Released in 1965 as a double A-side single with “Day Tripper,” “We Can Work It Out” is a true John Lennon-Paul McCartney collaboration, with McCartney’s optimistic verses contrasting with Lennon’s realistic chorus. It’s a popular cover, most notably performed by Stevie Wonder, whose 1971 rendition reached #13 on the Billboard Hot 100.

Michael Ochs Archives // Getty Images

Light My Fire

Rock group “The Doors” pose for a promotional photos circa 1966.

– Artist: The Doors
– Date entered at #1: July 29, 1967
– Weeks at #1: 3

“Light My Fire” is one of the most familiar songs of the psychedelic rock era. As the Doors’ second single, it became their highest charting hit. Alongside its lyrical content and delivery by frontman Jim Morrison, it’s noted for its structure, with a piano intro and solo by Ray Manzarek. Though Morrison died in 1971, and the group disbanded in 1973, Morrison’s lyrics inspired a new generation of rock stars.

Ivan Keeman // Getty Images

Happy Together

The Turtles On Top Of The Pops.

– Artist: The Turtles
– Date entered at #1: March 25, 1967
– Weeks at #1: 3

“Happy Together” became the Turtles’ first and only chart-topper. Similar in spirit to the love songs performed by boy bands earlier in the decade, it slices in some folk and psychedelic elements that were emerging at that time. The group had a few more Top 40 hits before their dissolution in 1970.

Michael Ochs Archives // Getty Images

Everyday People

“Sly & The Family Stone” Portrait.

– Artist: Sly and the Family Stone
– Date entered at #1: Feb. 15, 1969
– Weeks at #1: 4

Sly and the Family Stone’s impact on popular music can’t be unstated, and their 1969 hit “Everyday People” is no different, becoming an anthem of unity. The song was one of the first to combine funk, rock, and soul elements. Although the original lineup broke up in 1975, Sly and the Family Stone influenced many artists.

Michael Ochs Archives // Getty Images


Del Shannon recording in the studio at a vintage microphone.

– Artist: Del Shannon
– Date entered at #1: April 24, 1961
– Weeks at #1: 4

“Runaway” established Del Shannon as a one-hit wonder. Shannon’s falsetto voice and keyboard riff make it a popular cover for bands like the Traveling Wilburys and Misfits. Collaborating with numerous musicians until he died in 1990, Shannon was posthumously inducted into the Rock & Roll Hall of Fame in 1999.

PA Images // Getty Images


Tommy Roe at EMI House in Manchester Square.

– Artist: Tommy Roe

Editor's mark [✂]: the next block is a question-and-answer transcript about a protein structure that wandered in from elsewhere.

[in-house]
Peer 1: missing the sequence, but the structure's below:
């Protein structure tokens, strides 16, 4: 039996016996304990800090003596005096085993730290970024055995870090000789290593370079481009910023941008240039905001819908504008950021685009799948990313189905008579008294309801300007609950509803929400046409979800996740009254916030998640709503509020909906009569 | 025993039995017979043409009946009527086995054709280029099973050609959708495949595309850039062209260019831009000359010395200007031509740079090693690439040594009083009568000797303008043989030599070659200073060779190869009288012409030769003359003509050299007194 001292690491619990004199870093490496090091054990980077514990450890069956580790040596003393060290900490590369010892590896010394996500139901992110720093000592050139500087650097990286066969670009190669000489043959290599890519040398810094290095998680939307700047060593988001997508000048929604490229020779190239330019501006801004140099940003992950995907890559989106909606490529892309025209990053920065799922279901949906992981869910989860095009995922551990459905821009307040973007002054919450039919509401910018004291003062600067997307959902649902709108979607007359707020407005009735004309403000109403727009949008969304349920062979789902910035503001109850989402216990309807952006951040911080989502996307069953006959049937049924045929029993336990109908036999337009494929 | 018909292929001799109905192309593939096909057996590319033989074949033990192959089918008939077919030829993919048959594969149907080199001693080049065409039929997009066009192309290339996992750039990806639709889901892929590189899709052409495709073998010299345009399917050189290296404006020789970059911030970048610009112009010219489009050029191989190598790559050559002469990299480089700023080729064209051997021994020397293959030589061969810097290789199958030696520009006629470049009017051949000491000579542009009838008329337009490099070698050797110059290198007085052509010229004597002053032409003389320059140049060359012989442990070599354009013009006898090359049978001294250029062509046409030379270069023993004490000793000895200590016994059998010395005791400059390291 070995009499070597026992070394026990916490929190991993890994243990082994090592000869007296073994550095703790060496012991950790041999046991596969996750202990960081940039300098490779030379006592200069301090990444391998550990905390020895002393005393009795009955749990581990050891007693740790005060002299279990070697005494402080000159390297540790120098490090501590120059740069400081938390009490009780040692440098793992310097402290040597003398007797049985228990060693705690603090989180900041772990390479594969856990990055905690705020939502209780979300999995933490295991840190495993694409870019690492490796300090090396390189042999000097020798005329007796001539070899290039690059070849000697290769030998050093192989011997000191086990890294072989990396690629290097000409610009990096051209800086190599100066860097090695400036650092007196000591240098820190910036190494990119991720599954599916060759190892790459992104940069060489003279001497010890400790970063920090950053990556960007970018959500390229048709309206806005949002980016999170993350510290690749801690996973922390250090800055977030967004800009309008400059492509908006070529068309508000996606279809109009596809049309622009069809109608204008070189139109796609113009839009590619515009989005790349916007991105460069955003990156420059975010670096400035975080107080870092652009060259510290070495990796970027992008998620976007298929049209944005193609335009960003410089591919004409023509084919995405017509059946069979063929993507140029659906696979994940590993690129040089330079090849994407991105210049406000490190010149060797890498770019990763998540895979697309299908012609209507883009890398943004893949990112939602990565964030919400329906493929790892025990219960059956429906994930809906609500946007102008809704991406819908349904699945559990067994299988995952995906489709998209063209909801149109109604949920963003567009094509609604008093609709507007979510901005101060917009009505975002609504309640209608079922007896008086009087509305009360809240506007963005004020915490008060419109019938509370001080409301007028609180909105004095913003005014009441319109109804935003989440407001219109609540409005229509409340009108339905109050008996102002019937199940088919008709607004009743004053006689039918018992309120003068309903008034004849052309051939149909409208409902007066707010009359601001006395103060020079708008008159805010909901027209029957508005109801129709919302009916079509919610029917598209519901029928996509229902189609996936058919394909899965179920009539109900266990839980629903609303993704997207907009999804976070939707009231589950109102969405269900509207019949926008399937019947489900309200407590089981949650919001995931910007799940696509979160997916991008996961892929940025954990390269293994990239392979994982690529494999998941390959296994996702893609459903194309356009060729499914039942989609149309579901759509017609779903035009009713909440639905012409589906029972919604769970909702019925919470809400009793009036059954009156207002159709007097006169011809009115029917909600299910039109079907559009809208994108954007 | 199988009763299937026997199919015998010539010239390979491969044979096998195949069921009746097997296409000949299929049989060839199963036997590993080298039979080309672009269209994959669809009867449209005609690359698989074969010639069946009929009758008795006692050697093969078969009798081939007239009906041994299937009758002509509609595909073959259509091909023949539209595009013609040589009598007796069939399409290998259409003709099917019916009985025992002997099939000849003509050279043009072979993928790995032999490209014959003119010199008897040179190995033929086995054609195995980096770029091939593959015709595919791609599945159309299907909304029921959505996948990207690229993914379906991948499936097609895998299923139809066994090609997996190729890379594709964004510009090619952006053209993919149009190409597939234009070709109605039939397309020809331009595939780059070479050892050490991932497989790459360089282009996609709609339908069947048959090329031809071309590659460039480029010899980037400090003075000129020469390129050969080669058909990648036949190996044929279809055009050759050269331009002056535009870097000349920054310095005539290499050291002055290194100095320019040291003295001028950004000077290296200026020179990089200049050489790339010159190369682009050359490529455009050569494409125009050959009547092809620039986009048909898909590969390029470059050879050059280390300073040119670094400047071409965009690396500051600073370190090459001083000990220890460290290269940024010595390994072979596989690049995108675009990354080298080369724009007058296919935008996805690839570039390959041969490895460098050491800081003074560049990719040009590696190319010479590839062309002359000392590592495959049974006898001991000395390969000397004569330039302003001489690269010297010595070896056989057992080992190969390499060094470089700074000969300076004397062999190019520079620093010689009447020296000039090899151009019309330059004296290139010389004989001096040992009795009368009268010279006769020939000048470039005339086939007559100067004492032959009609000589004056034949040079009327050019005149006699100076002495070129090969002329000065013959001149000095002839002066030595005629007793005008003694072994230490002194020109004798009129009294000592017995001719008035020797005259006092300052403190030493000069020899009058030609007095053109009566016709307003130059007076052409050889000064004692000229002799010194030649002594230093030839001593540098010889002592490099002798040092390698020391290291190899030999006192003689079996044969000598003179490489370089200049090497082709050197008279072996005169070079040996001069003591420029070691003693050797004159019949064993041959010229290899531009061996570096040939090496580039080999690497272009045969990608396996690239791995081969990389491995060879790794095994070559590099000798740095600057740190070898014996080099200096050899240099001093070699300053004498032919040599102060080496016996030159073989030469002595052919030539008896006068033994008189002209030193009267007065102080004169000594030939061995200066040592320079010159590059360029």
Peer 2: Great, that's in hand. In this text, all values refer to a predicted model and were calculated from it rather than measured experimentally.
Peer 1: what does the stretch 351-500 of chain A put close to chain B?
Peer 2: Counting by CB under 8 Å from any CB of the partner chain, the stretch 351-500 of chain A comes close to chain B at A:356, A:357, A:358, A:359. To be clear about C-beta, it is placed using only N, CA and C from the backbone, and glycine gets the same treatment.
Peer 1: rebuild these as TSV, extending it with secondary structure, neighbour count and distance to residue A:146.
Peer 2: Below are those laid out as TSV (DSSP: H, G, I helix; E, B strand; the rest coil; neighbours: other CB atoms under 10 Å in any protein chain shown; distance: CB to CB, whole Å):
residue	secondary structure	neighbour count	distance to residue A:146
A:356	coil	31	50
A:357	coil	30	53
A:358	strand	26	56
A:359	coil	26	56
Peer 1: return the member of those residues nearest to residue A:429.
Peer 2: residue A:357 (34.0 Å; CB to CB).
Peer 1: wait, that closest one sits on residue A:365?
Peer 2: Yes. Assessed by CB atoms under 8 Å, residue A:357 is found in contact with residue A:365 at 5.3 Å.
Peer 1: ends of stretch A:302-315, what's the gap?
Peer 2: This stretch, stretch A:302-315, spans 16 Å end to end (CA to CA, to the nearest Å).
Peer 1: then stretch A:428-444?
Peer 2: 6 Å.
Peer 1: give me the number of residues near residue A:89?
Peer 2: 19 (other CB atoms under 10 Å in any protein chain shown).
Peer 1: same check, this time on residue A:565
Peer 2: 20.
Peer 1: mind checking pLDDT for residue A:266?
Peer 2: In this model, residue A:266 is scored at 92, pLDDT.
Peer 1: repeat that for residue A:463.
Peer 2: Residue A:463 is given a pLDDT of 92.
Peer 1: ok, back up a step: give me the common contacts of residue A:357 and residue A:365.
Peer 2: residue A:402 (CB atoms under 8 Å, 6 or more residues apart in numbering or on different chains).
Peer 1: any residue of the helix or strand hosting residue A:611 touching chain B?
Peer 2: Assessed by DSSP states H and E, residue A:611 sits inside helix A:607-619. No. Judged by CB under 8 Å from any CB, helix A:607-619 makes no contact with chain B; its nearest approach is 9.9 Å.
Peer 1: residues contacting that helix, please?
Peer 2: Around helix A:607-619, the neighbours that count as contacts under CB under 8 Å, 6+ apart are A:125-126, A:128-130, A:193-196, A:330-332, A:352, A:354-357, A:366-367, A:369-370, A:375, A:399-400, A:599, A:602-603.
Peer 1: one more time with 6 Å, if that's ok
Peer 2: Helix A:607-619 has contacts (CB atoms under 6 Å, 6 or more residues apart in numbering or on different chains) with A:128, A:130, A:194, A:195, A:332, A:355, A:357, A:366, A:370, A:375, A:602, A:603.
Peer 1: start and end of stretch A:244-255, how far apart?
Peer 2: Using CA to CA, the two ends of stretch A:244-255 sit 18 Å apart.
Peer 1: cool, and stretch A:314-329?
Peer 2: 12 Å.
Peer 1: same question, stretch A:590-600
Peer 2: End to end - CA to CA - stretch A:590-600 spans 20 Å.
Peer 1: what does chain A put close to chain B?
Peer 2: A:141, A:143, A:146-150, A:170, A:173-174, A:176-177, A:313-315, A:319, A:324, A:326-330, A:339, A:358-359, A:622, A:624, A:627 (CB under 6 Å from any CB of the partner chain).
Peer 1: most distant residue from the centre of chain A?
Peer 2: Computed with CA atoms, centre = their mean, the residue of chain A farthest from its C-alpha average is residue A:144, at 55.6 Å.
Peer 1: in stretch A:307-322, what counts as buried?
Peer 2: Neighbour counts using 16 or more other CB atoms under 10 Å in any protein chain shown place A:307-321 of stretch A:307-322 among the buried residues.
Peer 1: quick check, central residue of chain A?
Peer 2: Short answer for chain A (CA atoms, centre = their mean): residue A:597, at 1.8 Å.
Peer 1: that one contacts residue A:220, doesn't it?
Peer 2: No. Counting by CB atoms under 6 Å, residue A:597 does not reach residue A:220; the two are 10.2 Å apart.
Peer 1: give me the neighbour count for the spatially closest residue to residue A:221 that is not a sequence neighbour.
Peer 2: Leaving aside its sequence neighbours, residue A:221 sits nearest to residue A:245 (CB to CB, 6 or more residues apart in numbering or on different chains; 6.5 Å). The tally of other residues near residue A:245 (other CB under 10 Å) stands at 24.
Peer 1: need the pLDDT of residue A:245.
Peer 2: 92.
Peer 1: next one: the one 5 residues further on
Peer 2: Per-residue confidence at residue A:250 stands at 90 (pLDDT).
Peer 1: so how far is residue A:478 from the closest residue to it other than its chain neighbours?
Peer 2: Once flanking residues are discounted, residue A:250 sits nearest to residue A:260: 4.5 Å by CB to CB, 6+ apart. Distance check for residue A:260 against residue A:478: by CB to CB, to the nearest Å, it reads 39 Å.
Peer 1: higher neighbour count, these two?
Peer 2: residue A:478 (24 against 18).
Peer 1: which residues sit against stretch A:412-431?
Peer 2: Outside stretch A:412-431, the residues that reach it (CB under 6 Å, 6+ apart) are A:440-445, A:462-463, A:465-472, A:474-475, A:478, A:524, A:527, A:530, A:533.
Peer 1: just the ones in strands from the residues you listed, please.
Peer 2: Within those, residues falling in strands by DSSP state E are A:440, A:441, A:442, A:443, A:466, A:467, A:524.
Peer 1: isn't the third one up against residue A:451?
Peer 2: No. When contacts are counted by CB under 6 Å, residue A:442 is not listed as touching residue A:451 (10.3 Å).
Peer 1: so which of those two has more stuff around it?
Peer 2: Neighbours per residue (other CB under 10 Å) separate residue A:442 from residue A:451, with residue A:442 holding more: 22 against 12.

– Date entered at #1: March 15, 1969
– Weeks at #1: 4

An international hit, “Dizzy” takes singer Tommy Roe’s bubble pop appeal and combines it with an orchestral arrangement. It’s one of the most famous songs performed by Phil Spector’s Wrecking Crew. After five more hits and nearly five decades of performing, Roe announced his retirement in 2018.

Daily Mirror // Getty Images


The Beatles rehearse ‘I’m Down’ at the ABC Theatre.

– Artist: The Beatles
– Date entered at #1: Oct. 9, 1965
– Weeks at #1: 4

The Beatles’ song “Yesterday” from their 1965 album “Help!” showcased bassist Paul McCartney’s potential as a solo artist. The song is a departure from the group’s rock ‘n’ roll sound, opting for an acoustic guitar and string quartet arrangement. It’s proved popular over time, becoming one of the most covered songs ever.

Michael Ochs Archives // Getty Images

Daydream Believer

The Monkees on TV.

– Artist: The Monkees
– Date entered at #1: Dec. 2, 1967
– Weeks at #1: 4

An upbeat song despite singer Davy Jones’ dismay in its intro, “Daydream Believer” became the Monkees’ third and last #1 hit. Written by John Stewart, it was part of a song trilogy about suburban life. After a string of hits in the 1960s and a sitcom, the group broke up in the 1970s, only reuniting on occasion. As of September 2023, Micky Dolenz is the only surviving member.

Michael Ochs Archives // Getty Images

The Letter

American rock band The Box Tops pose in Central Park.

– Artist: The Box Tops
– Date entered at #1: Sept. 23, 1967
– Weeks at #1: 4

A mix of soul and rock, “The Letter” proved the Box Tops’ first and most successful single. The introduction of an airplane sound bite is one of the first instances of a sample, setting Alex Chilton apart as a songwriting icon. The group broke up in 1970, only participating in a few reunions.

Frank Lennon // Getty Images


The Association in concert.

– Artist: The Association
– Date entered at #1: July 1, 1967
– Weeks at #1: 4